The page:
So, in the interests of full disclosure, I thought I'd lay out my own taste profile, so readers can make up their own minds about the reliability of my judgments. While I don't have access to the same battery of tests and team of scientific experts that put Steinberger through his paces, I can answer the range of questions they put to him:

  • Do I have a low threshold for sweetness? Yes. (Supertasters: Yes)
  • Do I like Scotch? Yes (with a preference for Island and Speyside malts, as opposed to Islay. Current favorite: Talisker 25). (Supertasters: No)
  • Do I take my coffee black? I don't drink coffee. (Supertasters: No)
  • Do artificial sweeteners taste different to me than regular sugar? Yes. (Supertasters: Yes)
  • Am I a heavy salter? No. (Supertasters: Yes)
  • Did my mother suffer a lot of morning sickness when she was pregnant with me? Yes. (My mother still seemed bitter about that when I asked her yesterday.) (Supertasters: Yes)
Alas, as best as I can tell, these answers are a bit inconclusive -- all that's left for me is the genetic test, which will prove once and for all my natural prowess (or lack thereof). Seriously, arrangements for the test are in the works (though details remain murky), and I shall dutifully report back when the results are in.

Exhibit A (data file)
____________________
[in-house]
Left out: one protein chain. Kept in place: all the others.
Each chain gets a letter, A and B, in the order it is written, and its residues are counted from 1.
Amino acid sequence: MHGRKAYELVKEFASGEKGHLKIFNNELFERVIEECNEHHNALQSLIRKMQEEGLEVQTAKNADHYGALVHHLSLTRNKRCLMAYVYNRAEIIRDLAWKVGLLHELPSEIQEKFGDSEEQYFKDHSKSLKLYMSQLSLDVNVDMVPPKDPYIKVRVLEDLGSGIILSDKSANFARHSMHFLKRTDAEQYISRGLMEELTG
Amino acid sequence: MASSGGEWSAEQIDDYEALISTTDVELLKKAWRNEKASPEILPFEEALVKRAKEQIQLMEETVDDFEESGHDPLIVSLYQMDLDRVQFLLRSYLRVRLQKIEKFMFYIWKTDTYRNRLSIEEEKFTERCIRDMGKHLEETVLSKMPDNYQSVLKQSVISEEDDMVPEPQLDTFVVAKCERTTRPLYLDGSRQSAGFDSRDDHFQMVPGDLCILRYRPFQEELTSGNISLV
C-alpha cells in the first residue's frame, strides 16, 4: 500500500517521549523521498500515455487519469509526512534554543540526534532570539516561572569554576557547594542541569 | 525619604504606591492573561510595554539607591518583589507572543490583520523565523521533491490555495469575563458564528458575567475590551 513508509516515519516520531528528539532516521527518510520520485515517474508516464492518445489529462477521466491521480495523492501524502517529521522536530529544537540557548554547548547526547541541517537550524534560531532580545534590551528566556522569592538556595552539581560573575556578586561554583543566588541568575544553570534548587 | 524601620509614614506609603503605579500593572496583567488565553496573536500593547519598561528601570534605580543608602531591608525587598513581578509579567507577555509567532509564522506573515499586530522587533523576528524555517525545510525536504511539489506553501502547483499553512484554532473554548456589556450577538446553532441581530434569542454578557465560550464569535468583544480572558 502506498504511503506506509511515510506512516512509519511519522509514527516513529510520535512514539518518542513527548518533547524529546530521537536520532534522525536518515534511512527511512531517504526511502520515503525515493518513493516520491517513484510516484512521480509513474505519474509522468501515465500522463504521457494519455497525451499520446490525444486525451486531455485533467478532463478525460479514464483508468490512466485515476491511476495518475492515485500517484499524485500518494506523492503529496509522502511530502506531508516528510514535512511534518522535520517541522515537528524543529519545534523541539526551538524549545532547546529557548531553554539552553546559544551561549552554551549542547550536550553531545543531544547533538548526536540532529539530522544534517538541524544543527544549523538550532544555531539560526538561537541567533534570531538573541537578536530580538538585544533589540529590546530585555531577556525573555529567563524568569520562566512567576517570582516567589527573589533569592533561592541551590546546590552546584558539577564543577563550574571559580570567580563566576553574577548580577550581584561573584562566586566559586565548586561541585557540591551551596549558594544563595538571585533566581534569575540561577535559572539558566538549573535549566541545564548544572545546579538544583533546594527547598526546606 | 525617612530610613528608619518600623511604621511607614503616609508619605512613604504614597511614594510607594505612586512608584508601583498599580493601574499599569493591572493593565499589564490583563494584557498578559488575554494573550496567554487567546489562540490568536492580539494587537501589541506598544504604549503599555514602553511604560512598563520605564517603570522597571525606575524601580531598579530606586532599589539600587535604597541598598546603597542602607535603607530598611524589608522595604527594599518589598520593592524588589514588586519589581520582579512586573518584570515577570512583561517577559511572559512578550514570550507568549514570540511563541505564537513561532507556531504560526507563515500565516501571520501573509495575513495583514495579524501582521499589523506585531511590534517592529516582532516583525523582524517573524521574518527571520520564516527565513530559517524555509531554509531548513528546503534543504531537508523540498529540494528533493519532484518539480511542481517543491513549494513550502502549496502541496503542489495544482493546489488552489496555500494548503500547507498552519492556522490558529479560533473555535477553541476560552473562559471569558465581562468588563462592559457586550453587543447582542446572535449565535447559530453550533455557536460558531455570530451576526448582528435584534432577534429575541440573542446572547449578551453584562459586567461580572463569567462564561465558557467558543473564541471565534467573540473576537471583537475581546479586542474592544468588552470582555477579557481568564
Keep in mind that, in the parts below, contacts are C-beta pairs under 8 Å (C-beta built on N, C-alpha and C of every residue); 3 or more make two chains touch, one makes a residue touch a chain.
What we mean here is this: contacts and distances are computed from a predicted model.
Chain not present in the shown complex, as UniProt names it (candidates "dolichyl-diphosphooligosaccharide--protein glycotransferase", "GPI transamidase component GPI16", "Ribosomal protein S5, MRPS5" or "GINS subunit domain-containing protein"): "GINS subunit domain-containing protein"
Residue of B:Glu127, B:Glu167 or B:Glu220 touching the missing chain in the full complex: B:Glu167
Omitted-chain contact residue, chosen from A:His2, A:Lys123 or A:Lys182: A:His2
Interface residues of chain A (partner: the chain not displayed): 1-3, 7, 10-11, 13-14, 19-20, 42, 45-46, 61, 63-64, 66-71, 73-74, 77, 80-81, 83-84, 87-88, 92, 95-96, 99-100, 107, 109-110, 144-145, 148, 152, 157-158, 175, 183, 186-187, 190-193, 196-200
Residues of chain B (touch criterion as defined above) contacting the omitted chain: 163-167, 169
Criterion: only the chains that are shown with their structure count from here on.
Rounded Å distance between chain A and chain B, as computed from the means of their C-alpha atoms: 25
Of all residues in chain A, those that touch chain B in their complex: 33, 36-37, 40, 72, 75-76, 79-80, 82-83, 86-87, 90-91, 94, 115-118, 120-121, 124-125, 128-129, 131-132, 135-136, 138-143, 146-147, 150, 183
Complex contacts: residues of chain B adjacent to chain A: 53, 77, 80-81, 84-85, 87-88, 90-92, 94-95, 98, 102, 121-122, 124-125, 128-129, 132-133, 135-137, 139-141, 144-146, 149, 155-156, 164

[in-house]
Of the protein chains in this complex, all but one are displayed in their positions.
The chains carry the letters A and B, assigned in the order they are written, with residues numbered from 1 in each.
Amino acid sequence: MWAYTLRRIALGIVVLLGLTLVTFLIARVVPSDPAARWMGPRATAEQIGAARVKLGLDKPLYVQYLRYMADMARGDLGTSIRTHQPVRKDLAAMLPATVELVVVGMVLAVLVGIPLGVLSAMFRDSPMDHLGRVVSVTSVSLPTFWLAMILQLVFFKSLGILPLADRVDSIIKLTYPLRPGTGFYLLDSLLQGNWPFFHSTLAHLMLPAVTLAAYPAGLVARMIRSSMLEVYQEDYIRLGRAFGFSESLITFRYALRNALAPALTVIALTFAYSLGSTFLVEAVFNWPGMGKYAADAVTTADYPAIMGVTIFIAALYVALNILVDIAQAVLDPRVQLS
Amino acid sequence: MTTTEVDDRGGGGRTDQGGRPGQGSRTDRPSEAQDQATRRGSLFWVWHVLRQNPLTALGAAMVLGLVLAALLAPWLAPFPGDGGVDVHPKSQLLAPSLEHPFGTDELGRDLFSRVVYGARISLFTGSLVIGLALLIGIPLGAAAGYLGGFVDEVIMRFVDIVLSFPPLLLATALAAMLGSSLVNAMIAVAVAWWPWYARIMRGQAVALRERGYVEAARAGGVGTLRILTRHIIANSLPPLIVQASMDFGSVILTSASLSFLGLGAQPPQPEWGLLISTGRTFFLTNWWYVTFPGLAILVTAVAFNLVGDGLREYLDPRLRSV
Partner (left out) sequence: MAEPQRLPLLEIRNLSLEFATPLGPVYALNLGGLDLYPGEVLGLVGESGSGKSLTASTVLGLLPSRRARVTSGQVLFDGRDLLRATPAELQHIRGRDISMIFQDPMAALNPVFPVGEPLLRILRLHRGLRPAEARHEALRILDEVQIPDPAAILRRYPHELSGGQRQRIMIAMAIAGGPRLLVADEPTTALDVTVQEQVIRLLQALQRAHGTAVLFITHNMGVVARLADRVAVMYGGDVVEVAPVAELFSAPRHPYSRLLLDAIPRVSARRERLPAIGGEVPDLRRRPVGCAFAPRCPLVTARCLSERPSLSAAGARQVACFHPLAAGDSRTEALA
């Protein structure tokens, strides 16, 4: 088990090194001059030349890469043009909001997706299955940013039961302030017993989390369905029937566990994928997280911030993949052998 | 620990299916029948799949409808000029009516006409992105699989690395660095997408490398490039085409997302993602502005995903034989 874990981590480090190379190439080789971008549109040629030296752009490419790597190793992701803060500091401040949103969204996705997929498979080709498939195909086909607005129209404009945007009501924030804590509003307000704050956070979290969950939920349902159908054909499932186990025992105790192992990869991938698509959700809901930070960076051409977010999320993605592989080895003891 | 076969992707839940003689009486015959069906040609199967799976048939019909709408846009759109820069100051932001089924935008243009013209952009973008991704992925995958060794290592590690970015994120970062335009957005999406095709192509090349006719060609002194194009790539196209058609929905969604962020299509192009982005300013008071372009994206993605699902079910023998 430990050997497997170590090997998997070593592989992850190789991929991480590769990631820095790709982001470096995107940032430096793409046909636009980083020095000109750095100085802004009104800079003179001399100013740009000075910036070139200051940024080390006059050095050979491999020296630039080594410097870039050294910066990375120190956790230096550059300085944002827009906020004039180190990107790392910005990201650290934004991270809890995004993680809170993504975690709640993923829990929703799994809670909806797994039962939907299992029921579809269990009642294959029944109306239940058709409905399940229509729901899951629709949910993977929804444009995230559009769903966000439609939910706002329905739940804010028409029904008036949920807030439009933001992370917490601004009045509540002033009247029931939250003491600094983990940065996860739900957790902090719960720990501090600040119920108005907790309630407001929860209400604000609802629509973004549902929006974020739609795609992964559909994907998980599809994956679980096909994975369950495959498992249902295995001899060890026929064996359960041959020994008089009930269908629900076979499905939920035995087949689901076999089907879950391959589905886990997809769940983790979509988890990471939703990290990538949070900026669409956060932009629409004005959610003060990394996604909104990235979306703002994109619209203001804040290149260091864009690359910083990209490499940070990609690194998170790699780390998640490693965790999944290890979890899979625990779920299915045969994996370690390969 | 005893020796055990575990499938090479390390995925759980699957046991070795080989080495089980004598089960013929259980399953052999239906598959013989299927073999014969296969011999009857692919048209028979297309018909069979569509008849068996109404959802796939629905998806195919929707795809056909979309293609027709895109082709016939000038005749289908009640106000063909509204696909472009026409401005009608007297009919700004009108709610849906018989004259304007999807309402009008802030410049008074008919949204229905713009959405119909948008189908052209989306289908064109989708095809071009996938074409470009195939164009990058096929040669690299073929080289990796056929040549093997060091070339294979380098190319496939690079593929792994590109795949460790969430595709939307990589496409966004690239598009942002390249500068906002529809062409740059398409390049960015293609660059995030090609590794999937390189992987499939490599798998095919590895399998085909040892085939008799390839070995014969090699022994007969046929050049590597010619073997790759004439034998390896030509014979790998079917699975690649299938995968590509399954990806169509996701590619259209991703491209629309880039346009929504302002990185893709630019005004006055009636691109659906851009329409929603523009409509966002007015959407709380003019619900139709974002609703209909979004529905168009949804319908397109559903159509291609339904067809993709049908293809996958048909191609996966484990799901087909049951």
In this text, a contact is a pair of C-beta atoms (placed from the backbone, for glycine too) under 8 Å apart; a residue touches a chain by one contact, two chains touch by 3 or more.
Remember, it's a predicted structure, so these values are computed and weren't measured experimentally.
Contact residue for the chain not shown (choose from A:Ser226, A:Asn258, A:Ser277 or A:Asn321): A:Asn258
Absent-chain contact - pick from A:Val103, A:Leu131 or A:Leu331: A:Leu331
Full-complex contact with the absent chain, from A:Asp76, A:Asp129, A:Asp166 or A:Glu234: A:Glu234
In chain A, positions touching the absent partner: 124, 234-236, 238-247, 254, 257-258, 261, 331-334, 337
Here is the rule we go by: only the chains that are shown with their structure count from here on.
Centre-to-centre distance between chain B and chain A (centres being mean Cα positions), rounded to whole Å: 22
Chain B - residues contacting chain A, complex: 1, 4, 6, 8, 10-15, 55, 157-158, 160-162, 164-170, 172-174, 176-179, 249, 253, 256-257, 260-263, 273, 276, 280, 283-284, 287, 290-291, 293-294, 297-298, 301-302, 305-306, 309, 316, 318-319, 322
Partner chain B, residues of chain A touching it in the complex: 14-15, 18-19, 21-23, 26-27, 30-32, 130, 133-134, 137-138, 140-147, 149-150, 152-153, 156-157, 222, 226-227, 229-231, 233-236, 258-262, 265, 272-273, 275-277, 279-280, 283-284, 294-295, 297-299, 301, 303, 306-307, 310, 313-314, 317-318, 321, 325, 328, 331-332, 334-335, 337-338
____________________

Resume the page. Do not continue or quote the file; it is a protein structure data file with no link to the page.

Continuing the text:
For now, all I can say is this: for all those wine lovers who have always found Jancis overly fussy, it turns out it's not (just) because she's English.

Addendum: In a chat over Gmail, my co-blogger Jeffrey points out that Jancis is absolutely right in observing that this "super-taster"/"non-taster" business tells us nothing about the most crucial element of wine tasting: the nose. There is no evidence to suggest that being a "super-taster" makes someone more attuned to the complex array of aromas that gives wine its remarkable flavors. Most of taste derives from the sense of smell, yet all this test tells us is whether someone is more sensitive to bitterness, acidity, sweetness, astringency, etc. -- only the qualities one can deduce from the tongue alone.